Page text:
Once all of your photos are cropped to your liking, study them for a similar scheme. Look for similarities in the background colors or the clothing color of the photo's subjects. The best color selection will accent and compliment your photos. To figure out which colors look the best, try laying your photos on a few different colors of card stock. Choose the color that best accents the photograph. Using one color for the background page and another color for matting your photos creates a great looking layout.

Arrange the Layout

Play with the arrangement of your photos until you are pleased with the layout. I like to overlap photos and embellishments sometimes, but I suggest at the very least you keep the photos "clustered" together to enhance the look of your page.You can also follow a sketch, which for some people makes completing pages much easier.

Matting is a simple way to make your photos POP. Matting is done by laying your photos on a piece of card stock 1/8 to ½ inch larger than your photograph. This gives the photos a finished or framed look. For added effect, you can double or triple mats with different colors behind your photos.

Be smart when you cut into patterned paper. Don't toss anything larger than 1/2 an inch. Scraps can make wonderful embellishments that will coordinate with your page. Cover chipboard pieces and use's just another cost effective way to stretch your supplies!

Choose Embellishments

After selecting and cropping your photos and choosing the background paper, you are ready to select some page decorations. Stamps, die-cuts, punches, brads or eyelets, and paint are all great items to decorate your scrapbook page. Choose embellishments that compliment your photos or the theme of your layout. For instance if your layout consists of birthday pictures, use festive patterned paper or stamp balloons and confetti to make a party theme.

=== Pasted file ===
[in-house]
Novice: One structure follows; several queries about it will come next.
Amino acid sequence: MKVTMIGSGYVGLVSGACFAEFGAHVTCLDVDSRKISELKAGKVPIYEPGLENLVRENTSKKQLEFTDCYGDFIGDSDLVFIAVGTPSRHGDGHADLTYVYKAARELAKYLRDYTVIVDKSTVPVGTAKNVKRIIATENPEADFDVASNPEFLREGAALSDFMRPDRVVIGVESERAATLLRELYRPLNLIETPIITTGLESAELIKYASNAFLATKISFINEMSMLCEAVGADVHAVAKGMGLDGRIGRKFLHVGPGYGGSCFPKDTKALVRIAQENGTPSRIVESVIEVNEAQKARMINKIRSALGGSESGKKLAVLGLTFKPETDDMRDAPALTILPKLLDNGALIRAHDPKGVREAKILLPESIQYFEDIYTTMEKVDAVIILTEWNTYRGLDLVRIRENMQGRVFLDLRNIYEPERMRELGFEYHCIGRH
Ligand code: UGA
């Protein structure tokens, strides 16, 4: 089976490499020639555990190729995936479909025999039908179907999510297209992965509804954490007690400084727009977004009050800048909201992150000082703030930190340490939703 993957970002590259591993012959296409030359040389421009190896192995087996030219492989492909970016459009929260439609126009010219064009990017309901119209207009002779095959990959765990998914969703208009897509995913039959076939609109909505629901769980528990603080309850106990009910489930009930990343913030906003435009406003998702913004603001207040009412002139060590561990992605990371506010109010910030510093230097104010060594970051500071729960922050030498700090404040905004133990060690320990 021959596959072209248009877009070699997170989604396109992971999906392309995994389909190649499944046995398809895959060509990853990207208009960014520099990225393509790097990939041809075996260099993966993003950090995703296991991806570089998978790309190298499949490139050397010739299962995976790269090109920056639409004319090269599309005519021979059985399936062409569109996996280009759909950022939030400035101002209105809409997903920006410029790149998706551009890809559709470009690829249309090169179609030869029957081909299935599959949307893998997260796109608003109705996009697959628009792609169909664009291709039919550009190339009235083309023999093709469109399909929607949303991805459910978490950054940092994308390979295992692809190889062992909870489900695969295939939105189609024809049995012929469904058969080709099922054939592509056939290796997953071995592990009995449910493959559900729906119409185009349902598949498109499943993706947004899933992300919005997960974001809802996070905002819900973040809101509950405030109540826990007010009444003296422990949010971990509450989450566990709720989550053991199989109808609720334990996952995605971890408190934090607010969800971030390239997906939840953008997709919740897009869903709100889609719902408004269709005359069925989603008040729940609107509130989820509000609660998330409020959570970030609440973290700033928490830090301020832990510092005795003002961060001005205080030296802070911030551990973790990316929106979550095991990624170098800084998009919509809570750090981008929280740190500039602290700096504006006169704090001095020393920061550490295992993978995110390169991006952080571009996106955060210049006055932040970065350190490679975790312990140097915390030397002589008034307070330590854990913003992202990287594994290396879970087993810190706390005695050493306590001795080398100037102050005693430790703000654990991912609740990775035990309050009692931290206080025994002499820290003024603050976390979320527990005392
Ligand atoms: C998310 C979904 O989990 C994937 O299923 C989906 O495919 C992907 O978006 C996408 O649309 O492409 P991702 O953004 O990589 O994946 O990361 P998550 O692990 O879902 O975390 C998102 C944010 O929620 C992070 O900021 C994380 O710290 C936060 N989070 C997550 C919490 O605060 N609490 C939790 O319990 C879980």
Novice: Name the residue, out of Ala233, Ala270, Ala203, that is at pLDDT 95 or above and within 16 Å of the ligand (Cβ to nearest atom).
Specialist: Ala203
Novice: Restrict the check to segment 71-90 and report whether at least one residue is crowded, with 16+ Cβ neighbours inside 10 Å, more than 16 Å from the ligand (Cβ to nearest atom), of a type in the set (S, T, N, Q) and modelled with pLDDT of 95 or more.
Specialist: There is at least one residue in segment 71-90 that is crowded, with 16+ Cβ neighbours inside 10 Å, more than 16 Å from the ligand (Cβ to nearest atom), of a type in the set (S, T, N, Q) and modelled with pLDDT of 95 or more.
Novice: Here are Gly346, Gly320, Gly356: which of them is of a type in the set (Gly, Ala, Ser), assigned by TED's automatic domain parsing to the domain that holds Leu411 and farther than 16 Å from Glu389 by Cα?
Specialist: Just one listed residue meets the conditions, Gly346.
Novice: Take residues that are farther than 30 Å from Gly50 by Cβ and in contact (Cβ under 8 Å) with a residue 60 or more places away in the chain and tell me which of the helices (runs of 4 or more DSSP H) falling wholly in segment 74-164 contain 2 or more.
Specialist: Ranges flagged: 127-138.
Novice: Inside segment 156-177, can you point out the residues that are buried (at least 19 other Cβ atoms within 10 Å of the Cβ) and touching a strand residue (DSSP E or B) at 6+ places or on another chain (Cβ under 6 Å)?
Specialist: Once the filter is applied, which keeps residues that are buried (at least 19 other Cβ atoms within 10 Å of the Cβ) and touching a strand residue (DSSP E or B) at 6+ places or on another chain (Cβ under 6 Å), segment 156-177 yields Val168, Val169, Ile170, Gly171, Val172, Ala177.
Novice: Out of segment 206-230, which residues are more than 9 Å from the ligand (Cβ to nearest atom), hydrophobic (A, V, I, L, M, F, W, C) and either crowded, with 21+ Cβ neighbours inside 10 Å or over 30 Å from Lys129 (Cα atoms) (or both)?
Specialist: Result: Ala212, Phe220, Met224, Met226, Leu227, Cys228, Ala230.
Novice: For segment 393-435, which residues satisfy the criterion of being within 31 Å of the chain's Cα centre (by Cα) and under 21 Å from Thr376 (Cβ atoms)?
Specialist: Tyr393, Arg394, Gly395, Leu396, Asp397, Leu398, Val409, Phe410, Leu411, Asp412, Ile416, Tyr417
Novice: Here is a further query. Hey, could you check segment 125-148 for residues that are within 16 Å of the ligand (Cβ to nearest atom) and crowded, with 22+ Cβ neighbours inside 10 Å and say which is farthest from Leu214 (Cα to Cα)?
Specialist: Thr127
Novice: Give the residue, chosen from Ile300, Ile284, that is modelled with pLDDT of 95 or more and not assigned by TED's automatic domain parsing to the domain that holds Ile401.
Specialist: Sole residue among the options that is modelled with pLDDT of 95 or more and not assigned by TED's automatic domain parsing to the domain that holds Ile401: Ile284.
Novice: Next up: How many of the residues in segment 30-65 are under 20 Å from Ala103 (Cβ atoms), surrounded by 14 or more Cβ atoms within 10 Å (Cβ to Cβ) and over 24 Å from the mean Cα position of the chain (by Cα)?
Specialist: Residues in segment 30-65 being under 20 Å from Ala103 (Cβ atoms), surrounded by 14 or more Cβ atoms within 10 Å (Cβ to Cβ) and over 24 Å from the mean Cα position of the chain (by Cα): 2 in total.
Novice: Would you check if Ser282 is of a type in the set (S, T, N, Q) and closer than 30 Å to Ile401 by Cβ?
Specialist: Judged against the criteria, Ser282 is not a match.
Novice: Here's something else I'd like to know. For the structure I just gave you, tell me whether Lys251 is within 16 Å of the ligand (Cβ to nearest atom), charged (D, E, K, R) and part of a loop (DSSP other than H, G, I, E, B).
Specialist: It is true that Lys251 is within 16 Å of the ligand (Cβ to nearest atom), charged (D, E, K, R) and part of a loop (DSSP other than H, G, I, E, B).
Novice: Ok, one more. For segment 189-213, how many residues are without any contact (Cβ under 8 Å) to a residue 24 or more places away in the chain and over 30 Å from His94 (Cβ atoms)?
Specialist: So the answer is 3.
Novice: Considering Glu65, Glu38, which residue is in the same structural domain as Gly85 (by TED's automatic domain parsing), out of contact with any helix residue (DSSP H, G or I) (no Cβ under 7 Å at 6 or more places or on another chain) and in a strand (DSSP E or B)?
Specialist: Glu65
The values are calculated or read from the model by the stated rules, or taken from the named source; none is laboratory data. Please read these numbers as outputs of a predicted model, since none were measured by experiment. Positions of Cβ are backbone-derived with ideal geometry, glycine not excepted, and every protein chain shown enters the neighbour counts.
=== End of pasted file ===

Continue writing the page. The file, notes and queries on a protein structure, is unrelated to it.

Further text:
Punches and die-cuts can be purchased in many shapes. I find it a lot of fun to make my own accessories. Try stamping on chipboard, and adding some ribbon and/or hardware. Keep in mind that less is more when using embellishments, the focus should be on your photographs, not on the accessories. Also you should follow "the rule of threes" when possible. Basically place things in odd numbers, 3, 5, 7. It's said to be more visually appealing.

An example of some YUMMY hardware from Stampin' Up!

Don't Forget the Journaling

Journaling is one of the most important parts of a scrapbook. Journaling provides important details about the events or people in your photos. A title is one way to tie the theme of the photos together. When writing about your photos, follow the theme that you chose when you were selecting embellishments.